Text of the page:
Friday, 19 July 2013


Ah, the smack of leather on willow, cucumber sandwiches and cream teas on the boundary, ripples of applause from the members' pavillion, wearing ties in the midday sun... On a glorious summer's day, I doubt there are few things more quintessentially English than the game of cricket. And just as the weather was coming good last week, the Ashes series between England and Australia began.

Cricket was, is and will always be part of the fabric of English life. This is reflected, among other things, by the sport's contribution to the English language through metaphors. You can be stumped, hit for six, or bowled a googly. Alternatively, you can break your duck, get caught out, have a good innings (normally after having passed away), swing both ways, go in to bat (sometimes for the other side), keep your end up, play off the back foot, play off the front foot, or offer a straight or dead bat (especially to awkward, niggling questions from newspaper journalists). Cheating, on the other hand, is just not cricket. Even on a sticky wicket.

Talking of wickets, it would be worth pointing out that a cricket groundsman in Australia is referred to as the "curator". In UK English, the "groundsman" or, occasionally, "groundswoman" is generally the person in charge of maintaining and nurturing the (grass) surface of play in cricket and other sports (except for golf - they're called "greenkeepers"). Unfortunately, Germans now commonly refer to all groundsmen and groundswomen, regardless of sport, as "Greenkeeper" - with a capital "G" and no "s" in the plural, in keeping with German grammar. Personally, I blame Uli Hoeness.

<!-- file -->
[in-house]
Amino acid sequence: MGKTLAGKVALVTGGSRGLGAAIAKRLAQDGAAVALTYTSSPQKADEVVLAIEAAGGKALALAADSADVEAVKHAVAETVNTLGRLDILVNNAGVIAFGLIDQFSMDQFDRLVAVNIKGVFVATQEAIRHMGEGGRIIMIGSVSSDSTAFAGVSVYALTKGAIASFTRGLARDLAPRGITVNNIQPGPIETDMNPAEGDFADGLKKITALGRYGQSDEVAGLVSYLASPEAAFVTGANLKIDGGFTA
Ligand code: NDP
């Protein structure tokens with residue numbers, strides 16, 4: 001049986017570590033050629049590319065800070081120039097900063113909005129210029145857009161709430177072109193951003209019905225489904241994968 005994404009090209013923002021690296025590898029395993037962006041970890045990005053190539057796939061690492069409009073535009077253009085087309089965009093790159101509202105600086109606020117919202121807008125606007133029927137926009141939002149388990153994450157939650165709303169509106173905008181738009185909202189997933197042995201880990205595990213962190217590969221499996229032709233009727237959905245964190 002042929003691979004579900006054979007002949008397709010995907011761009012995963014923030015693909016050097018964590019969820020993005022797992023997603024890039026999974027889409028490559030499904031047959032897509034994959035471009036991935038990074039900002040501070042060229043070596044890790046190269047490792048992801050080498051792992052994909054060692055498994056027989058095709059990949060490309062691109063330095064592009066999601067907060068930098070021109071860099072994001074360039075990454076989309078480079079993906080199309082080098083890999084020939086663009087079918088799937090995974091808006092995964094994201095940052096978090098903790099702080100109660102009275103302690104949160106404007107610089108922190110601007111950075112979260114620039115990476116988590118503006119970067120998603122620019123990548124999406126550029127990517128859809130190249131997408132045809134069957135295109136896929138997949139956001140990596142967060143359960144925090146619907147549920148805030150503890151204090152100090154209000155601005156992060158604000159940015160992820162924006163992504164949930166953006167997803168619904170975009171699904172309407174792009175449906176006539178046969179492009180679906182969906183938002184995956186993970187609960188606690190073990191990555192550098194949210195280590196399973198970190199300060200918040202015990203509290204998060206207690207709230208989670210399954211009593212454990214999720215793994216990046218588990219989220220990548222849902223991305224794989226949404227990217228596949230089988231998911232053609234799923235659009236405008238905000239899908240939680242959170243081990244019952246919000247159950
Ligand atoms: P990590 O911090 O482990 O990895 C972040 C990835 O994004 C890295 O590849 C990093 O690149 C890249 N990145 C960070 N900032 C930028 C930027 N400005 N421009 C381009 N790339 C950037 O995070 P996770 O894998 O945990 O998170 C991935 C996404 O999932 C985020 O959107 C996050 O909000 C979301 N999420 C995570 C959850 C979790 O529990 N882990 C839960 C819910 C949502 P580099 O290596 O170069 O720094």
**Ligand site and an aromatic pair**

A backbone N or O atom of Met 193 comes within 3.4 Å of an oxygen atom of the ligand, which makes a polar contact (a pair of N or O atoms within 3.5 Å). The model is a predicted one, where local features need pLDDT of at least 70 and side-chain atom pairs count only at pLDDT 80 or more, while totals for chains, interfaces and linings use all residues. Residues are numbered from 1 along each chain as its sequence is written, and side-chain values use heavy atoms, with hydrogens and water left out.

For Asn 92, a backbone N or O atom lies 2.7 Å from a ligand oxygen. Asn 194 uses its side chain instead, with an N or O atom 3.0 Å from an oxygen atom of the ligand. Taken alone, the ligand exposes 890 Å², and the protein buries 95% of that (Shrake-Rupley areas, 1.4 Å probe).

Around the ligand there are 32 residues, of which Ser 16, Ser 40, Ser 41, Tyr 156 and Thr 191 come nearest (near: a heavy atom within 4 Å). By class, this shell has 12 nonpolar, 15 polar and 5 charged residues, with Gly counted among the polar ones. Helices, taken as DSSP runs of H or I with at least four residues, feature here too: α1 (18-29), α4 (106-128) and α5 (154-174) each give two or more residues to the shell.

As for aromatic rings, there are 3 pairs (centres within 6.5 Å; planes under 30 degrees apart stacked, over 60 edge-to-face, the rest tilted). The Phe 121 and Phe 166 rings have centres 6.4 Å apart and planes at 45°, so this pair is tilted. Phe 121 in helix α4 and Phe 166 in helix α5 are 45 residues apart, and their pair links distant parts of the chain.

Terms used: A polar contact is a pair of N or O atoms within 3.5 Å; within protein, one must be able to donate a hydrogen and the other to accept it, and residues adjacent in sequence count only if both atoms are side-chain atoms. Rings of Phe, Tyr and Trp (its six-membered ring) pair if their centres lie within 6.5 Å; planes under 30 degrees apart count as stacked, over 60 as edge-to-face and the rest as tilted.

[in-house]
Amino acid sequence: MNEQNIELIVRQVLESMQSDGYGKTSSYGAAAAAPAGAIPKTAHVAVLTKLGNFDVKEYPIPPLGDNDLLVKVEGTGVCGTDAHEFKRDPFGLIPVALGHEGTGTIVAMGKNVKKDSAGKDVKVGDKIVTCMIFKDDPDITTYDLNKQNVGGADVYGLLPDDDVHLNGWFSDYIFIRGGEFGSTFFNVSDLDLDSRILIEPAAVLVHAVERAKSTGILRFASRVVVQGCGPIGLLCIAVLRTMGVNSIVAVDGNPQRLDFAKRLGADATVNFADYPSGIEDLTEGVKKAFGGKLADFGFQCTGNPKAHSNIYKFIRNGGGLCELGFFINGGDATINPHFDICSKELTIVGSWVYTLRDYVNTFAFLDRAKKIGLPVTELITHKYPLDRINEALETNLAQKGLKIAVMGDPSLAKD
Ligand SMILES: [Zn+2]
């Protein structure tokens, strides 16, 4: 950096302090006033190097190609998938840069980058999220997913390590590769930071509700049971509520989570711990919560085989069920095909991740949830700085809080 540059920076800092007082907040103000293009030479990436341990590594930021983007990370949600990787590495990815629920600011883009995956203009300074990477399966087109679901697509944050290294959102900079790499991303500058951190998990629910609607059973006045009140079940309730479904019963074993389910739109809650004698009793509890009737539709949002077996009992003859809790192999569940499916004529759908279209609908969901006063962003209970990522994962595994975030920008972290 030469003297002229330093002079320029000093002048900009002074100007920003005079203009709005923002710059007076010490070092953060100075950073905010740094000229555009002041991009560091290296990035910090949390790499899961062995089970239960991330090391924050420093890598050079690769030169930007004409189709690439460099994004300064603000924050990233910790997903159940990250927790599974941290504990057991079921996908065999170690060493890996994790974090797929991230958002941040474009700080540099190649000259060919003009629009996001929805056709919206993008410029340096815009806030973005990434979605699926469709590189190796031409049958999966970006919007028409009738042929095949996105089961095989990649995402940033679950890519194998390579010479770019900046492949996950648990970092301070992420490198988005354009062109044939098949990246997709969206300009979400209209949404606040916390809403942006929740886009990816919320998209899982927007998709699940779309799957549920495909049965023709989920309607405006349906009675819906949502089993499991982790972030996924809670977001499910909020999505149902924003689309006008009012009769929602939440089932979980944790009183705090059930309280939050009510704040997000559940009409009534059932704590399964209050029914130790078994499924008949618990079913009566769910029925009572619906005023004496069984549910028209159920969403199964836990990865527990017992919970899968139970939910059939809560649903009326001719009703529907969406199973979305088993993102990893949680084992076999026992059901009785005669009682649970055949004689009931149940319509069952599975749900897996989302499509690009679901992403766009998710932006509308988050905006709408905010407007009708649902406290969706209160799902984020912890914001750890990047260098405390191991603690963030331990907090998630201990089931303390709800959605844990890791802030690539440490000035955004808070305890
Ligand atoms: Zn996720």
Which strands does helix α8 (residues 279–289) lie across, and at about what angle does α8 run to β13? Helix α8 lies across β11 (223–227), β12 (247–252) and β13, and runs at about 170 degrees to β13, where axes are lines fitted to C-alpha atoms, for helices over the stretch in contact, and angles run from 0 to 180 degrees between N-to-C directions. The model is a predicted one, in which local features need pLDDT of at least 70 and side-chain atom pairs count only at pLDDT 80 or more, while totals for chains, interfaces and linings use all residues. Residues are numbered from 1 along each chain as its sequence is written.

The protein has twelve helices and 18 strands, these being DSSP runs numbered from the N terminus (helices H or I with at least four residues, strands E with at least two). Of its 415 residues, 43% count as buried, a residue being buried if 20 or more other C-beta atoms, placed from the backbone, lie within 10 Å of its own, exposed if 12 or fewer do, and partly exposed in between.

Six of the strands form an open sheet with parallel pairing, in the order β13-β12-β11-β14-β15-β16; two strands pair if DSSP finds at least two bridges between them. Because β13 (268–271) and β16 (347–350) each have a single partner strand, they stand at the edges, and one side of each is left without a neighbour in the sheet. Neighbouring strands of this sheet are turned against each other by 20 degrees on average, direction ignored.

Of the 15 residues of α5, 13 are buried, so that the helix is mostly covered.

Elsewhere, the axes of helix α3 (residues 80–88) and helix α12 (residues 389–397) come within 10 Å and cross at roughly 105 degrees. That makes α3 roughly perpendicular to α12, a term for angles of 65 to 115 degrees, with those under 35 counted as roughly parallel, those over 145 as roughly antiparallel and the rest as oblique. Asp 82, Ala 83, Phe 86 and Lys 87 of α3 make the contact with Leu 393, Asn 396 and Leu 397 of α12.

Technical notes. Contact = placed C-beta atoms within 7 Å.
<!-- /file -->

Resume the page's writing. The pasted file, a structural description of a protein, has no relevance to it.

As a romantic, I would like to think that winemaker Roland Pfleger grew up watching cricket in Australia in some sort of parallel universe. Herr Pfleger's top red wines belong to his "Edition Curator" line. Although, in reality, Herr Pfleger probably sees himself more as a curator in the sense of someone who nurtures his vineyards and wines as opposed to ensuring a decent batting track that still offers a chance for the bowling side. (Strictly speaking, the German noun "Pfleger" means "carer", "care worker" or "nurse".)

This, I admit, is a slightly roundabout way of introducing my next wine, which is not one of Herr Pfleger's top wines but worthwhile nonetheless.

Weingut Jakob Pfleger, Herxheimer Kirchenstück Merlot trocken 2010, Pfalz, Germany
Generally ruby in appearance with violety hints. Cool and cherry-like on the nose with leathery notes and a touch of dark chocolate. On the palate, the impression is similar. Coolness of flavour and overall elegance are the main themes. This wine has a lovely silky texture but with adequate acidity to keep the juices flowing.

Priced just below 10 euro, this is a very good effort and - I am sure - a good introduction to the more rarified quality of the Curator range.

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